Lychees – “The Kings of Fruits” – are now in season.
I’m squeezing my entire face together, trying to remember. As if somehow bringing your eyes, nose and lips closer together would help your memory.
I’m trying to remember: when was the first time I ate a lychee.
I’m almost certain it was in Vietnam. Let’s say 2008. It had to be. I remember the feeling, the taste, the novelty, the dripping messy juiciness running down my chin and my fingers, the crisp sweetness with a sudden perfumed tang. The skin of the fruit – red and rough textured, like a dragon’s scales. But I can’t grasp the details, the surroundings, the people. They remain fuzzy and deliciously formless.
I’m tempted to say lychees are my favourite fruit altogether.
In Paris, lychees were my wintery delicacy, something I’d indulge in after long, tiring days at work. I’d buy them in huge heaps from the fruit & vegetable market on my street, where the Moroccan sales men knew me almost by name. (“Bonsoir, mademoiselle Finlande! Ca va aujourd’hui?” – For clarification: my “name” abroad rarely is Sara, it’s “the Finnish girl”, la finlandaise, die Finne. True to form.)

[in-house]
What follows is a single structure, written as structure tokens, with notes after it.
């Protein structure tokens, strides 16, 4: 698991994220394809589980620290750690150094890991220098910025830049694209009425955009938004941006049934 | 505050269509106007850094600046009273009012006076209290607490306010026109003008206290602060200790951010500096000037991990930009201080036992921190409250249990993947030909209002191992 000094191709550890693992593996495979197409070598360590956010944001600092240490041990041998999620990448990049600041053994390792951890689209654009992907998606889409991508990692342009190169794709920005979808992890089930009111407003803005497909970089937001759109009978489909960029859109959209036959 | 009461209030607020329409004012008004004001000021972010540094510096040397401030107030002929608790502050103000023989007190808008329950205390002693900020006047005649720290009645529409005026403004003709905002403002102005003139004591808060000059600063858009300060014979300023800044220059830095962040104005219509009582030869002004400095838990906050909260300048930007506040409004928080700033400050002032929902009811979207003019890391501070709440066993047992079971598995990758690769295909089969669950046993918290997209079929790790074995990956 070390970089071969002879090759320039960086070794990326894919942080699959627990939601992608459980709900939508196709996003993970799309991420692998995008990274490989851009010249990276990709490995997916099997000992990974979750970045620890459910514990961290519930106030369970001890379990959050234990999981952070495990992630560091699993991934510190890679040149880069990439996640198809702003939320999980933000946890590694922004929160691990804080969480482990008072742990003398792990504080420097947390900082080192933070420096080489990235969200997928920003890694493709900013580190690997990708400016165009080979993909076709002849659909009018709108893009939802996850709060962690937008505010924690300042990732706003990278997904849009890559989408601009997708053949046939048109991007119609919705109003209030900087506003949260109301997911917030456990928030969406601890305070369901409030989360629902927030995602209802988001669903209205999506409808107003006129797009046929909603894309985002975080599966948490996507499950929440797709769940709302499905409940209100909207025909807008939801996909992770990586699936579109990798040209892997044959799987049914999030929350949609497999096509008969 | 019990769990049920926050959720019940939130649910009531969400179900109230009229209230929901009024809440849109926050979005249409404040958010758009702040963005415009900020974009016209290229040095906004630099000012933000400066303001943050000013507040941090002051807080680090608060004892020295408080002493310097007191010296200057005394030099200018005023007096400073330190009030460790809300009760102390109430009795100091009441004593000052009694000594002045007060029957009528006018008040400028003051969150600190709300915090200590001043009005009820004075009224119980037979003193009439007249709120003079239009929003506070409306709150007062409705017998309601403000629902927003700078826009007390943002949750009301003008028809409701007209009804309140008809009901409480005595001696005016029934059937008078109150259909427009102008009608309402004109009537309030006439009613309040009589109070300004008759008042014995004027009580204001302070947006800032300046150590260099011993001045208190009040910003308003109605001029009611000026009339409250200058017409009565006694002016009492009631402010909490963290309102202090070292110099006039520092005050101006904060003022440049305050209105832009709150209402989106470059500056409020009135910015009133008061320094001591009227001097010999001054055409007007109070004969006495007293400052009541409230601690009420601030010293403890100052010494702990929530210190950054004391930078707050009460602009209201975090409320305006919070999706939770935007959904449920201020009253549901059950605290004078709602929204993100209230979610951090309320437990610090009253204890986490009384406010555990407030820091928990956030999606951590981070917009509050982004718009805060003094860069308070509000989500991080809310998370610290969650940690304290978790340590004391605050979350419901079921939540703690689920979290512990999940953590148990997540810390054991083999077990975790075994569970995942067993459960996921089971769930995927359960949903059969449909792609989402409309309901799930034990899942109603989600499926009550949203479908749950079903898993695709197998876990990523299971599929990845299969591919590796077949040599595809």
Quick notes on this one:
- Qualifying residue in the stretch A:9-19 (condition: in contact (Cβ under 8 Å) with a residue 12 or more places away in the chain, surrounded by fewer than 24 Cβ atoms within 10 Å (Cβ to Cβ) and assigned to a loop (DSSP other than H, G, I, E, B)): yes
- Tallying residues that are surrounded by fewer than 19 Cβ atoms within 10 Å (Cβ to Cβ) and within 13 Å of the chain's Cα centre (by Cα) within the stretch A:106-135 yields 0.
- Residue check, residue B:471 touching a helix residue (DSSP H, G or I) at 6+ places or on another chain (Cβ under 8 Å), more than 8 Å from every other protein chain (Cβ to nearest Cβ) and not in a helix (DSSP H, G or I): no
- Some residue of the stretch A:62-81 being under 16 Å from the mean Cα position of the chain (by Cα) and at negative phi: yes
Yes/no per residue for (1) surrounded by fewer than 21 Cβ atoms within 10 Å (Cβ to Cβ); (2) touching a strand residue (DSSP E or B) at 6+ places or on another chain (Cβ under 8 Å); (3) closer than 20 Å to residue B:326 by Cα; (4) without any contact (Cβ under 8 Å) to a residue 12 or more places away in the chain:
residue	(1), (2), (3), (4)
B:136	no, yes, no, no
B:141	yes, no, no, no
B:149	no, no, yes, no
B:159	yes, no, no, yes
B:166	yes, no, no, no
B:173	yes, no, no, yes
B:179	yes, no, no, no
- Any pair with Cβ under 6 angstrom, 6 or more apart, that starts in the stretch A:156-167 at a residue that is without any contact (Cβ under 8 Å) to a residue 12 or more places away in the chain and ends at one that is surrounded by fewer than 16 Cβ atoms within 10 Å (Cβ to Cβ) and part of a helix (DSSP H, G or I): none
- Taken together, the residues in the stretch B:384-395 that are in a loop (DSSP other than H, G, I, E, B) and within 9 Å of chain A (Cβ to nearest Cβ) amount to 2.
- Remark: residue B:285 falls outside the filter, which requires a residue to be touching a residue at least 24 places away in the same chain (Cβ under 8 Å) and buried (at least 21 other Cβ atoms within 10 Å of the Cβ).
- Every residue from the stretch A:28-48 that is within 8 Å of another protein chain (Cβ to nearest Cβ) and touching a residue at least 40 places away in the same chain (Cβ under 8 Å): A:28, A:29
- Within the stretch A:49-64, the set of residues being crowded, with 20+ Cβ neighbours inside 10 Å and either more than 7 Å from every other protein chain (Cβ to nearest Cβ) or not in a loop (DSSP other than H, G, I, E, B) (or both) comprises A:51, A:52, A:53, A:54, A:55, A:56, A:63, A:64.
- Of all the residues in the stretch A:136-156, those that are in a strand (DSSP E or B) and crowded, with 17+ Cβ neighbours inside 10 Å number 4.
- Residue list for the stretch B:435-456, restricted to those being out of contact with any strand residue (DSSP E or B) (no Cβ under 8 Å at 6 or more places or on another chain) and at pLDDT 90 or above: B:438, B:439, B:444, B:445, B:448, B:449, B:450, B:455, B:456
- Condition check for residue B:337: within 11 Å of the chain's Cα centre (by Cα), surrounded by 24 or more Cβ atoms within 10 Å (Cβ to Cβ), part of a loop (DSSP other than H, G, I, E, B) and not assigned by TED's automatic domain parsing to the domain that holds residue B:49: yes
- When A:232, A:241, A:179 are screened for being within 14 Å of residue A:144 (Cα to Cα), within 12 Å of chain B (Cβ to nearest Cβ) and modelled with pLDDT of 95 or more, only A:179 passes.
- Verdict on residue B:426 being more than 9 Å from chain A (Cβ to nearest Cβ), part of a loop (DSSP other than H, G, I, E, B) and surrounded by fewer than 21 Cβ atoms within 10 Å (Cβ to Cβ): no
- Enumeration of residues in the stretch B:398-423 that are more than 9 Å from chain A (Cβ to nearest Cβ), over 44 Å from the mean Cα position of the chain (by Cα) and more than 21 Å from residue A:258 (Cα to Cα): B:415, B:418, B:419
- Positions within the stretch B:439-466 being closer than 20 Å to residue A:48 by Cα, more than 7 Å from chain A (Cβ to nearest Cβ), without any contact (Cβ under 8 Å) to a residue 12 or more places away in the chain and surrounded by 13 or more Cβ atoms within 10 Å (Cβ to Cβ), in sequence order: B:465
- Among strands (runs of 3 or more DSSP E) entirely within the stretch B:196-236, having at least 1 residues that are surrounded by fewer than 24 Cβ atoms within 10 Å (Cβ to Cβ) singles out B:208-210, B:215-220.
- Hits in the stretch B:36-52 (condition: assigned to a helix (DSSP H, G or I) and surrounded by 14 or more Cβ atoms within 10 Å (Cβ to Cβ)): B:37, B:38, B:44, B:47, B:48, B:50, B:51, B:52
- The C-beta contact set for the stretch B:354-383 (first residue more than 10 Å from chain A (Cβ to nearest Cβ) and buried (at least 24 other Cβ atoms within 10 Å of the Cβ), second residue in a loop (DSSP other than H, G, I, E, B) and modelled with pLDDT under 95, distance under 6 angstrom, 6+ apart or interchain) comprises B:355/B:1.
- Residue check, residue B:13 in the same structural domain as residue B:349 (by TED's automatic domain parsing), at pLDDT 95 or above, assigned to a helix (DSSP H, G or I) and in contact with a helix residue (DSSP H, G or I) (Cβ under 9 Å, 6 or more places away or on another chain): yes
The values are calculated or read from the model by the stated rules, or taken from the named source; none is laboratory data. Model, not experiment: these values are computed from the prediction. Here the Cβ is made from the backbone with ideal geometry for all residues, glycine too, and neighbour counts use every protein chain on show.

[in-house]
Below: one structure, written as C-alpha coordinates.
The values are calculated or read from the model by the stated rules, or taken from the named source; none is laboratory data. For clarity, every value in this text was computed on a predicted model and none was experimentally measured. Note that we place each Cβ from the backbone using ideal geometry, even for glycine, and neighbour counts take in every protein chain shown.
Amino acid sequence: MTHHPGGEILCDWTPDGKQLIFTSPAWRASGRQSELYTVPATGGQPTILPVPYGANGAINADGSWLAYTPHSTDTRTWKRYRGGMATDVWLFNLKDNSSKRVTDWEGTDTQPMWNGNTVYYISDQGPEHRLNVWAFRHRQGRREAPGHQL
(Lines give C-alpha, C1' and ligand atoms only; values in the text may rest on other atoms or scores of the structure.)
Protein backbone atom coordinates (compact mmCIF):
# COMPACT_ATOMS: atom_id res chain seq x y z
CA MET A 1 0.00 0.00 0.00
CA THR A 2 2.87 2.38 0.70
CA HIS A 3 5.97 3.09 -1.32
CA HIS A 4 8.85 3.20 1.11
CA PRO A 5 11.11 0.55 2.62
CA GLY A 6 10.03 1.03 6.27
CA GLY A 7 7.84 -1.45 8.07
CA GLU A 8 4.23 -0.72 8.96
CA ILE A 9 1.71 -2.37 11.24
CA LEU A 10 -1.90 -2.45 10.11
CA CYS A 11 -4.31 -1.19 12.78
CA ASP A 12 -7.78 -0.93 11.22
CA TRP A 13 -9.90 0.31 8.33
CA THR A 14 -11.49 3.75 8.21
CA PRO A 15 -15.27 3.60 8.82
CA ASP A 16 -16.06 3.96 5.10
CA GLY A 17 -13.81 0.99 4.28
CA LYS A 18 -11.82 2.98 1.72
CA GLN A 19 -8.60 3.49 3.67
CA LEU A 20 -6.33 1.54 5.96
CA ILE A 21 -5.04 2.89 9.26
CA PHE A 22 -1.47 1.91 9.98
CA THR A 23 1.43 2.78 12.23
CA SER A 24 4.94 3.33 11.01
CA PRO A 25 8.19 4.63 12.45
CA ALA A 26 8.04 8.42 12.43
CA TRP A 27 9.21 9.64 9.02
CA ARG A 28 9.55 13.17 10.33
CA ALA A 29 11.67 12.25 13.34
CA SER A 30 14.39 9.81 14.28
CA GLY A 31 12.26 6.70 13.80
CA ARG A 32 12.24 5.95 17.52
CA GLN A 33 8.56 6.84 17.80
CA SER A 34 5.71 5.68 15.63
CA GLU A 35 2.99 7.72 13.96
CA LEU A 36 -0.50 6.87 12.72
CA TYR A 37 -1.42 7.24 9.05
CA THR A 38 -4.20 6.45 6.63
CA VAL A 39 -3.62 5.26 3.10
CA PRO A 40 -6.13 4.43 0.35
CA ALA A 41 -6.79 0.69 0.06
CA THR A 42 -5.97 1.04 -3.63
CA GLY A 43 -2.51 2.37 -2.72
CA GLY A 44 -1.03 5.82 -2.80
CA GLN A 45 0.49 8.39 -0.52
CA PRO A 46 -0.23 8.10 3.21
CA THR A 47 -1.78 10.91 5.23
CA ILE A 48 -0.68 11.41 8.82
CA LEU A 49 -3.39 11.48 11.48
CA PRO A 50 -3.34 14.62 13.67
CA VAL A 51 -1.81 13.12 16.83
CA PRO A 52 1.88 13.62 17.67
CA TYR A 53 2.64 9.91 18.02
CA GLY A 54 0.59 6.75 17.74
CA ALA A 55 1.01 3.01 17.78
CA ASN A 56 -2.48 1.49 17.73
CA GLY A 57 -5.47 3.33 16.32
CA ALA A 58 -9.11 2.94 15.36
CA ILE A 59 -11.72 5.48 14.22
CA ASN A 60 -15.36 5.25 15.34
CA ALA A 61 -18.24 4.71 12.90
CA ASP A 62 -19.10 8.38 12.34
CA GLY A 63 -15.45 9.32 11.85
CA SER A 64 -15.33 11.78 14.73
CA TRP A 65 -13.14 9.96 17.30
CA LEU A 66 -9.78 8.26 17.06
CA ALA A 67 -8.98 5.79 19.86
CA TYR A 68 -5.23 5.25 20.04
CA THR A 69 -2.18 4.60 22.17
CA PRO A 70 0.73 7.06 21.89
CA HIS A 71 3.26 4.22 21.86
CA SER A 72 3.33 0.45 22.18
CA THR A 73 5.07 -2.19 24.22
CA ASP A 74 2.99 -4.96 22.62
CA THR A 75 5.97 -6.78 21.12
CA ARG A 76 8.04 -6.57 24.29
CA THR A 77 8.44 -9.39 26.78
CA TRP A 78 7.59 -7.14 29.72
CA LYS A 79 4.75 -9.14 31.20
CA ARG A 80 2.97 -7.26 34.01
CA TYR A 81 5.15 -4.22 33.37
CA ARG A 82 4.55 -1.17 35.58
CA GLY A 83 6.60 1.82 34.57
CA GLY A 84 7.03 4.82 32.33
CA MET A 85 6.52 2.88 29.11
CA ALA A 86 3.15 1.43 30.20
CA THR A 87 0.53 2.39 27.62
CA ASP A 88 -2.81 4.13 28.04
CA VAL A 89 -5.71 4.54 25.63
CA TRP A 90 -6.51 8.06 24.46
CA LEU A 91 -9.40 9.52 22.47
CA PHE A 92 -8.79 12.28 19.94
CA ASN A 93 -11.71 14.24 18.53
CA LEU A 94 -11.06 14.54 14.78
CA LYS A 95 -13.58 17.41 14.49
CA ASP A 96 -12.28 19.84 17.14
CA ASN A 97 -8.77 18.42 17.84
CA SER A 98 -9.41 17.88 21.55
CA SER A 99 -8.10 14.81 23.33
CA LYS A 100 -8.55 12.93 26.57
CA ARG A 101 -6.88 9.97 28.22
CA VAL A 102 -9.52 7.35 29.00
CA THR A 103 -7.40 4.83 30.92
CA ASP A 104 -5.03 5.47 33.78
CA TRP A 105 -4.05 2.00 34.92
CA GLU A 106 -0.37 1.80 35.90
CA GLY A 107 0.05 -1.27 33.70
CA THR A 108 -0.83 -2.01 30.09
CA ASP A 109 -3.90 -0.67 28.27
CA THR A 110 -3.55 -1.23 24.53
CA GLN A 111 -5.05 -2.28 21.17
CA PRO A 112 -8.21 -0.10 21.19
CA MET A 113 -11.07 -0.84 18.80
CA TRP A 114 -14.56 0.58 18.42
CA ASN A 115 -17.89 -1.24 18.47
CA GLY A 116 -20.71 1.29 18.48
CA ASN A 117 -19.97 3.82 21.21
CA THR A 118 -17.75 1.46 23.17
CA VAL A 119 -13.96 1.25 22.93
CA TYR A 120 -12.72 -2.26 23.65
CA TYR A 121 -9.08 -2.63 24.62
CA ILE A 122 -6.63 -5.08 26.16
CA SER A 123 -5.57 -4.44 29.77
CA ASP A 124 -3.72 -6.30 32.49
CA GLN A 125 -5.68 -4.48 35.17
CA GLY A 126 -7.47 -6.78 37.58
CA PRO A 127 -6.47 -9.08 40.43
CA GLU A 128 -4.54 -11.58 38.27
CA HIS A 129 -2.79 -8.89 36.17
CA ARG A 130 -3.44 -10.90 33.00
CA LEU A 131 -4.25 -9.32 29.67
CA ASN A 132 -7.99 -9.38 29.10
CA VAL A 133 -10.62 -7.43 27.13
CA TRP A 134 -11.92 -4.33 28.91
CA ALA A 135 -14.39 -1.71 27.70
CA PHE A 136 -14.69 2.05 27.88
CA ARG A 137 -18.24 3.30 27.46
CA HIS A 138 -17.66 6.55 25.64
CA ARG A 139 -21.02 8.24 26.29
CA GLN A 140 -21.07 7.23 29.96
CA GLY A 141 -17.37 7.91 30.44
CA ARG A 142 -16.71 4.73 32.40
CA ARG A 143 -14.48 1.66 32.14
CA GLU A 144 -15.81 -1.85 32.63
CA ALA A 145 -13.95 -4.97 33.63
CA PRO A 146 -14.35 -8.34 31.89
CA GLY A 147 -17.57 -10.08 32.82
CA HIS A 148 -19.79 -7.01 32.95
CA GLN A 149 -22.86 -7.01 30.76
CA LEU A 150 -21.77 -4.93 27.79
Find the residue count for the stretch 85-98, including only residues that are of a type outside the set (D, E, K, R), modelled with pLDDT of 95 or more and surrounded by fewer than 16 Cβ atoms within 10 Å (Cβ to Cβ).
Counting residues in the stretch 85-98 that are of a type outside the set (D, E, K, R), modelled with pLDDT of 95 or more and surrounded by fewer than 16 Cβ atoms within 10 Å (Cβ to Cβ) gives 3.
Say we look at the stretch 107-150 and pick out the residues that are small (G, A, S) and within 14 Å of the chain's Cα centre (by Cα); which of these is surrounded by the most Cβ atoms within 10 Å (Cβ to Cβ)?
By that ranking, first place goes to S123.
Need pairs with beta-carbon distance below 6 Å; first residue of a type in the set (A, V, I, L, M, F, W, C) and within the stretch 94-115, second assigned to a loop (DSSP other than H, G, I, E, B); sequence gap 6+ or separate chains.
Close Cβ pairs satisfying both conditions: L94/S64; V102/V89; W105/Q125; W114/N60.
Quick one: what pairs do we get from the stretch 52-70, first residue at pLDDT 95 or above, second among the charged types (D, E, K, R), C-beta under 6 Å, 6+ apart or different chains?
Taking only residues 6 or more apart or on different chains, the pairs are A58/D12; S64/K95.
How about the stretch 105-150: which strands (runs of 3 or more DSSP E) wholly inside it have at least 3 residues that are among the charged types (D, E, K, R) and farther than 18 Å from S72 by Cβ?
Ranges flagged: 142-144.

Usually, I just eat all the lychees I have. Fresh and right away. I have no patience or self-control and, quite genuinely, they really taste best just the way they are. However, if you’re new to lychees, I do recommend experimenting with them a little. Frozen lychees are wonderful – if you’ve ever eaten frozen grapes, lychees have a similar, fine and tender sorbet-like texture without any loss of flavour and fragrance. You can also mix some mean drinks: lychee martinis are usually made with syrup, but a lychee margarita put through the blender will hit the winter drink jackpot. You can even make a salsa with them, or chuck some in a stir-fry.